Mentors explore ways to develop relationships with children, to support children to be self-motivated in their learning. Mentors hold the vision that children are born into this world with a drive to learn and grow, and support them in respectful ways to see this in themselves too. We try to find ways to support children’s expression of independence, and to teach the skills involved so that doing tricky tasks is a shared learning experience. Sometimes ‘helping’ might mean ‘involving’ children in the task, doing little bits for themselves along the way while you work together until they become competent to do it alone.
So, in this way, at Birdwings Forest School, we do have one-year-old children who can dress themselves, two year olds who can use knives to prepare fruit for a shared morning tea, three-year-olds who can thread needles and sew blanket stitch, and four-year-olds who can pack their lunches, fold a tarpaulin and plan the best way to climb up and down a dry waterfall! We take time to practice new skills, encourage trying new experiences, companion children through big feelings if they arise, and celebrate satisfying achievements.
We build relationships with each other so children know we trust them to try, and they try because they trust us to help when it’s needed. Building confidence 💪 We are going to let you in on how we do it:
1. Minimise Instructions
Less is often more when it comes to verbal communication. While it’s tempting to explain every detail, try to avoid issuing instructions and over-explaining. When children are feeling frustrated or reluctant we might try to cajole, convince and reason with children to get it done. Children so often are told what they need to do throughout the day, particularly through busy moments. Even just telling children an instruction can feel like an order and send children into an anxious state. This isn’t very helpful. Instead of giving instructions we try to use declarative language instead, which is the use of statements that provoke children’s thoughts about the task, so that they can activate their own problem-solving and questions around the task at hand. For example instead of “Put your shoes on”, we might say, “You need to wear your shoes to play outside. Let’s find them.”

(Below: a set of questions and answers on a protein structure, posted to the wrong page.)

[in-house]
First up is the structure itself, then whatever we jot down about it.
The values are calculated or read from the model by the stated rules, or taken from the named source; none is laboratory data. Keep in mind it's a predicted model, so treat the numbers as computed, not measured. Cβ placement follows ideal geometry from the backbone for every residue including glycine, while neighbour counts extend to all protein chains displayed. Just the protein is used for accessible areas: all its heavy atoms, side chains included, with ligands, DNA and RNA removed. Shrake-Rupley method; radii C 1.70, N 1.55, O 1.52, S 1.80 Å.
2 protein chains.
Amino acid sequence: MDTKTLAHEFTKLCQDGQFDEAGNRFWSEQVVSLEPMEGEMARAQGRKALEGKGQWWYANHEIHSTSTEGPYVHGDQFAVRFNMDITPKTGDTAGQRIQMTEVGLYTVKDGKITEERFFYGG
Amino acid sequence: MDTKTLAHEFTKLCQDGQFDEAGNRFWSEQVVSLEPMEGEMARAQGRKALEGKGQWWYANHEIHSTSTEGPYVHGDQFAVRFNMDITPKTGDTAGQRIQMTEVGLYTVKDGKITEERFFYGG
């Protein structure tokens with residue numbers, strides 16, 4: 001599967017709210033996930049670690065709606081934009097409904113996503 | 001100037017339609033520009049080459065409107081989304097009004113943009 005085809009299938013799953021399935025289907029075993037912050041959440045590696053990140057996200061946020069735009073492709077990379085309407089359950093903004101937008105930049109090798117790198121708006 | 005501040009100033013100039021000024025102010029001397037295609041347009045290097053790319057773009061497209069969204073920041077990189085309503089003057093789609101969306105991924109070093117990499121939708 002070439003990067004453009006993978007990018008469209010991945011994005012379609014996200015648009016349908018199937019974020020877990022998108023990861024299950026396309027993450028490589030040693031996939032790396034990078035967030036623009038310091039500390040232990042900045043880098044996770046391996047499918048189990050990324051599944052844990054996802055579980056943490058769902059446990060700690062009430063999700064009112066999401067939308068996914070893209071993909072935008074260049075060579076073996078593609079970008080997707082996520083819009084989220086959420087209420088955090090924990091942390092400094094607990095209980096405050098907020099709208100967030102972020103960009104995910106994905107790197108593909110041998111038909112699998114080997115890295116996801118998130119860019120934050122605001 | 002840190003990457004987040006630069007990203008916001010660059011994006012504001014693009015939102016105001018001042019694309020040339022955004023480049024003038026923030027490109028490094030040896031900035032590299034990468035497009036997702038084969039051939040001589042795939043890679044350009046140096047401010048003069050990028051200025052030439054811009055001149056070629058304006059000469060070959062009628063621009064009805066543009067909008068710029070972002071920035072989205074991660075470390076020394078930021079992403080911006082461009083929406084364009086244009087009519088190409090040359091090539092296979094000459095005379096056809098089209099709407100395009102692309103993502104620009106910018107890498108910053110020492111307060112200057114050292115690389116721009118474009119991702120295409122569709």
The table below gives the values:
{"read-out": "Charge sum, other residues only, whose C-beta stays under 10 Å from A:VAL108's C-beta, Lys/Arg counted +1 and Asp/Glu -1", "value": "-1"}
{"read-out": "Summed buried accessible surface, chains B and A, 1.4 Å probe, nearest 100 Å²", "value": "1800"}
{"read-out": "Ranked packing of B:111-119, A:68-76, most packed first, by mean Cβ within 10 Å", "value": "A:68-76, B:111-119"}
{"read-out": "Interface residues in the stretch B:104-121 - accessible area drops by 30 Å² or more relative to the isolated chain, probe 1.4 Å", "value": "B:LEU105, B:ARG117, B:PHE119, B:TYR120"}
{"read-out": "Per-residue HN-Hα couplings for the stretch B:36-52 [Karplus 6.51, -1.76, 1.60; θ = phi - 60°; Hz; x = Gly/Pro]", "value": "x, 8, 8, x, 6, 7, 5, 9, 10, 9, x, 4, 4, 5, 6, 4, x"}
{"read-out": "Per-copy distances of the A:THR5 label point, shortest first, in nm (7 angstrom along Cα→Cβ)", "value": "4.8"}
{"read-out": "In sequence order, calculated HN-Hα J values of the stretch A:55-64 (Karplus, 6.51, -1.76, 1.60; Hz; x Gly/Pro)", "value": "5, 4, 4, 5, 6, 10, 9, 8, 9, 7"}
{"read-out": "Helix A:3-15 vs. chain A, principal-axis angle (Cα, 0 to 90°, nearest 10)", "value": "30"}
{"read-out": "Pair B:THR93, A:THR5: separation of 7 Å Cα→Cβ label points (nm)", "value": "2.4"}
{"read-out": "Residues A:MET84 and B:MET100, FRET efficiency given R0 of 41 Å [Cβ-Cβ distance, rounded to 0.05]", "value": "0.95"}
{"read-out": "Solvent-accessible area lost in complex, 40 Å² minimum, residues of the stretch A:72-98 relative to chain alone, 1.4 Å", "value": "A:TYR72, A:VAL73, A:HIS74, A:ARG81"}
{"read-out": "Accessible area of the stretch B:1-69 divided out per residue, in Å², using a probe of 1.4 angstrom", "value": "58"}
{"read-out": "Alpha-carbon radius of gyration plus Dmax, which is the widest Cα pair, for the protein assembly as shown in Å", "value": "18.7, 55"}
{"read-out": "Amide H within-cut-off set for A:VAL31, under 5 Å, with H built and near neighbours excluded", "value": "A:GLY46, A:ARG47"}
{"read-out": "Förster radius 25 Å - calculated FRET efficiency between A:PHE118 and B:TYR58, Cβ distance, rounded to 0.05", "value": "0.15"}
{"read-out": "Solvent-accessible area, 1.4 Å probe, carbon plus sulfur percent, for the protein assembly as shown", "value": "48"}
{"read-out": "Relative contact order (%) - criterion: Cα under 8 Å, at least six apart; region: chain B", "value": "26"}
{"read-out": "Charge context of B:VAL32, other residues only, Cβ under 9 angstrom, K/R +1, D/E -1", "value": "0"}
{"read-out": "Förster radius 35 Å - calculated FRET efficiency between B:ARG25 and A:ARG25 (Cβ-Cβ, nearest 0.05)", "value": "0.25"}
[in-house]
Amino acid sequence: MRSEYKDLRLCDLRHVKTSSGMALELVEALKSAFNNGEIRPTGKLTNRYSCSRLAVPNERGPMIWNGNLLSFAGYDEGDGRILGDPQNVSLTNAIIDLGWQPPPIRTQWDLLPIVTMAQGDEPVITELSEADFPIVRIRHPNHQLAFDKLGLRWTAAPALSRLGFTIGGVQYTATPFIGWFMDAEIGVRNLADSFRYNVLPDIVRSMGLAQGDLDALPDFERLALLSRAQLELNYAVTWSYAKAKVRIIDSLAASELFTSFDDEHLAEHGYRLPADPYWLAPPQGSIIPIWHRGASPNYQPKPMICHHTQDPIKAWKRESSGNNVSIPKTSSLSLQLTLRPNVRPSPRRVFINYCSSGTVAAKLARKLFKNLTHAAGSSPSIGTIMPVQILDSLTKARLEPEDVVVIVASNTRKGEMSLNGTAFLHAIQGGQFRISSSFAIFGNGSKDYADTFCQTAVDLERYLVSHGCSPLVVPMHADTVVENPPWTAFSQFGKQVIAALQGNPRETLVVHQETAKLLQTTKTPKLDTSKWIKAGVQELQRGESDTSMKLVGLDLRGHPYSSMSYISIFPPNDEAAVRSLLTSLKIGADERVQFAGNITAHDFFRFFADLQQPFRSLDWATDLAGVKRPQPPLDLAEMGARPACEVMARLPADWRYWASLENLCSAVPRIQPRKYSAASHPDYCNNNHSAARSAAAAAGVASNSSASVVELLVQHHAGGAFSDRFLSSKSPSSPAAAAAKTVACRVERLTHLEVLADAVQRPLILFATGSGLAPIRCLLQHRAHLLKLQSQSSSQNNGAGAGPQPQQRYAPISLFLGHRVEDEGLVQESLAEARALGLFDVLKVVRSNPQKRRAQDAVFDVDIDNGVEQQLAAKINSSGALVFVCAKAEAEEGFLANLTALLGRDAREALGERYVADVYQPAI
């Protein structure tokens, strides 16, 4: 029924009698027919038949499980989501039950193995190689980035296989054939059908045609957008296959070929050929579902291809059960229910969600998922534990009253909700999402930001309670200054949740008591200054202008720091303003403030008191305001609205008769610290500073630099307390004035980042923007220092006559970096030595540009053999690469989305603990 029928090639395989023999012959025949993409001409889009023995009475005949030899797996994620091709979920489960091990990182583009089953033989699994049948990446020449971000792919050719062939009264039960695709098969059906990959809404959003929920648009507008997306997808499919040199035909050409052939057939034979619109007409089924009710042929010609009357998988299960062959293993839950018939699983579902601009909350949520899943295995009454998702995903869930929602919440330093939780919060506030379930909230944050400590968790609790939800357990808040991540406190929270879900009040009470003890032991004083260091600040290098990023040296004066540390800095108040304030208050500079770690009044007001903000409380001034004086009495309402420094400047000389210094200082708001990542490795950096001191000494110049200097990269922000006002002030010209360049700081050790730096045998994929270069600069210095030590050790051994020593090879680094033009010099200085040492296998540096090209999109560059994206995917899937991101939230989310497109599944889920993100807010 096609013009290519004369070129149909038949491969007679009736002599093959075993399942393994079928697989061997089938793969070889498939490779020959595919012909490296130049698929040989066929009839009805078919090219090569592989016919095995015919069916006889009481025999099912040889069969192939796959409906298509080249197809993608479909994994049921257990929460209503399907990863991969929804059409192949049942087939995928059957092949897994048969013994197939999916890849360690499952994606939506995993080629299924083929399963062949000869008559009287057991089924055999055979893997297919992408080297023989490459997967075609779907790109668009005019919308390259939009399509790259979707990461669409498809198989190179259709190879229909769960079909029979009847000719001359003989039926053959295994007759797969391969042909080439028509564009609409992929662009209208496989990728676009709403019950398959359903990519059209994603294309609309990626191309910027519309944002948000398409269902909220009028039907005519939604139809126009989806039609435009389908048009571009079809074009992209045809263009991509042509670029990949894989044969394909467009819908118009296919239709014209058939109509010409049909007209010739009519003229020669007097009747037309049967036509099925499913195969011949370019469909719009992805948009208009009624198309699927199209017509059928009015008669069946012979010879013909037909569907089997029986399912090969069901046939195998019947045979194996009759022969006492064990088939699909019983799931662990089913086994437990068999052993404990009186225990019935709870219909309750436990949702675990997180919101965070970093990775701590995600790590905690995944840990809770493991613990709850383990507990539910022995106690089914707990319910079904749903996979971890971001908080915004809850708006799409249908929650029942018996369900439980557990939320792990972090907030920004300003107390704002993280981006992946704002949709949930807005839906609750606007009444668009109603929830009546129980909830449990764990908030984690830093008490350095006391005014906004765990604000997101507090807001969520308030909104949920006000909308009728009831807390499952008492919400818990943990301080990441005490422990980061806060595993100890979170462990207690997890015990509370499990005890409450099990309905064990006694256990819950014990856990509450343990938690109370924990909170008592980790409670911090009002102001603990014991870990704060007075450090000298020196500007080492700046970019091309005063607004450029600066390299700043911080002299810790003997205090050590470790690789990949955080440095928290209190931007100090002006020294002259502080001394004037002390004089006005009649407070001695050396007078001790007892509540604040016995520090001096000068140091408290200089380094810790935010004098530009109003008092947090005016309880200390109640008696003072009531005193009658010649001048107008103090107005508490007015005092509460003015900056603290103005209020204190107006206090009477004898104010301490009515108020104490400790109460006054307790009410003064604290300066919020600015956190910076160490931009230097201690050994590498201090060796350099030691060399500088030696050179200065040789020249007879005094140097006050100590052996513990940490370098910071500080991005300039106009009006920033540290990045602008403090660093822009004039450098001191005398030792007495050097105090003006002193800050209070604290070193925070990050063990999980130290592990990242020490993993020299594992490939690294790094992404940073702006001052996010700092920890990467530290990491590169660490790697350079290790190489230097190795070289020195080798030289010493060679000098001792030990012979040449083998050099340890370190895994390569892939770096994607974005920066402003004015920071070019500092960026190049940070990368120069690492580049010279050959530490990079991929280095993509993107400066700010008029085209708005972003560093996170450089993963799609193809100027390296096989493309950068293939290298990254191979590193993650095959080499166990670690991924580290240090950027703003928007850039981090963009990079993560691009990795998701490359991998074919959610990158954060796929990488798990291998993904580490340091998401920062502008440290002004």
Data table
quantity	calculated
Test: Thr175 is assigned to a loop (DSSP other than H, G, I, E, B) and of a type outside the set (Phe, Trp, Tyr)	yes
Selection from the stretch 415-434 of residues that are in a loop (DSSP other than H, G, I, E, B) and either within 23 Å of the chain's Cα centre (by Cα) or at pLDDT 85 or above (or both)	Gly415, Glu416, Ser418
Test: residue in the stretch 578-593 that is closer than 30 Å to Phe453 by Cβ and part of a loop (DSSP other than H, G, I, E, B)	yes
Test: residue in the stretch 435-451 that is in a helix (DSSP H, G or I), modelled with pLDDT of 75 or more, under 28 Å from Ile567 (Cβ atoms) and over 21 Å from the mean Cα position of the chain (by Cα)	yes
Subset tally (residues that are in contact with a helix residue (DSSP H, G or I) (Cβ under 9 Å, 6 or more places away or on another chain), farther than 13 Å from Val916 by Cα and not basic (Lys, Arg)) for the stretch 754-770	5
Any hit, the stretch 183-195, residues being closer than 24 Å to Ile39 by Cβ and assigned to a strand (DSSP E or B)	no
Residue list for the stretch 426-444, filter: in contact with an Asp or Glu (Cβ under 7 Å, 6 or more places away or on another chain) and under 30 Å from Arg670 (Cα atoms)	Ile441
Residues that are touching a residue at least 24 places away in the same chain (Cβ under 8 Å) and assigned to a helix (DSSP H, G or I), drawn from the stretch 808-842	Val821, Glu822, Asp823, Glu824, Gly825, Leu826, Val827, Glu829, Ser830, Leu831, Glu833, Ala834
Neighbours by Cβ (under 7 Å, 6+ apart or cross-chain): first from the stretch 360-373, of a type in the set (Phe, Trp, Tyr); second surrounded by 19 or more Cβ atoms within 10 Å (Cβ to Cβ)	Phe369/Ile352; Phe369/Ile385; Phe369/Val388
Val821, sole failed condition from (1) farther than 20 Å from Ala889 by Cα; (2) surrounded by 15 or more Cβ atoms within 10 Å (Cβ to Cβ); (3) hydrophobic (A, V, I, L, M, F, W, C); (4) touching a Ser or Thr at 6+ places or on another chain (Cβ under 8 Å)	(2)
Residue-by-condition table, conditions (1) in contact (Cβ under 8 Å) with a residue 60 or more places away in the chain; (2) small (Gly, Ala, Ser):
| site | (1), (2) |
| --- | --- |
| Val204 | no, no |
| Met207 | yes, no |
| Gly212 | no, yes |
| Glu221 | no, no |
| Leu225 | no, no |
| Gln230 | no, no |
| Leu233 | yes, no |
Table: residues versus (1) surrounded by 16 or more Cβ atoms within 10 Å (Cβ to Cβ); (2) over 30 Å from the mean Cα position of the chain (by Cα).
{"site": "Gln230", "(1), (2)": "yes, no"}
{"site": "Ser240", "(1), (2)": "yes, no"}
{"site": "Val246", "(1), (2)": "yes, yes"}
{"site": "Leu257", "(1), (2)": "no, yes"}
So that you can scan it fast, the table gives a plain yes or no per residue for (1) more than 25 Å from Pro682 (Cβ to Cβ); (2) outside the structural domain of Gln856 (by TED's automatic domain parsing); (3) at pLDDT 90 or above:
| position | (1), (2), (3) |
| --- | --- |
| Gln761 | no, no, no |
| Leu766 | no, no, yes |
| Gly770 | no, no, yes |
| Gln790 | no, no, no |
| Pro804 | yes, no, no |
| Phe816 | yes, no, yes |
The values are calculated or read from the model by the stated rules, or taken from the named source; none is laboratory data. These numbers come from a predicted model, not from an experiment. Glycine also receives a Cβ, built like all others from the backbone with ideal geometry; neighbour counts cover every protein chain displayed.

2. Demonstrating the skill: “Let’s Do It Together”
Children often look to us for guidance, especially when confronted with a tricky task. Focus on doing the task together, in manageable steps. Model each step deliberately and allow time to process information and recall skills. Waiting between steps acknowledges children’s need for cognitive processing and prevents overwhelming them with information.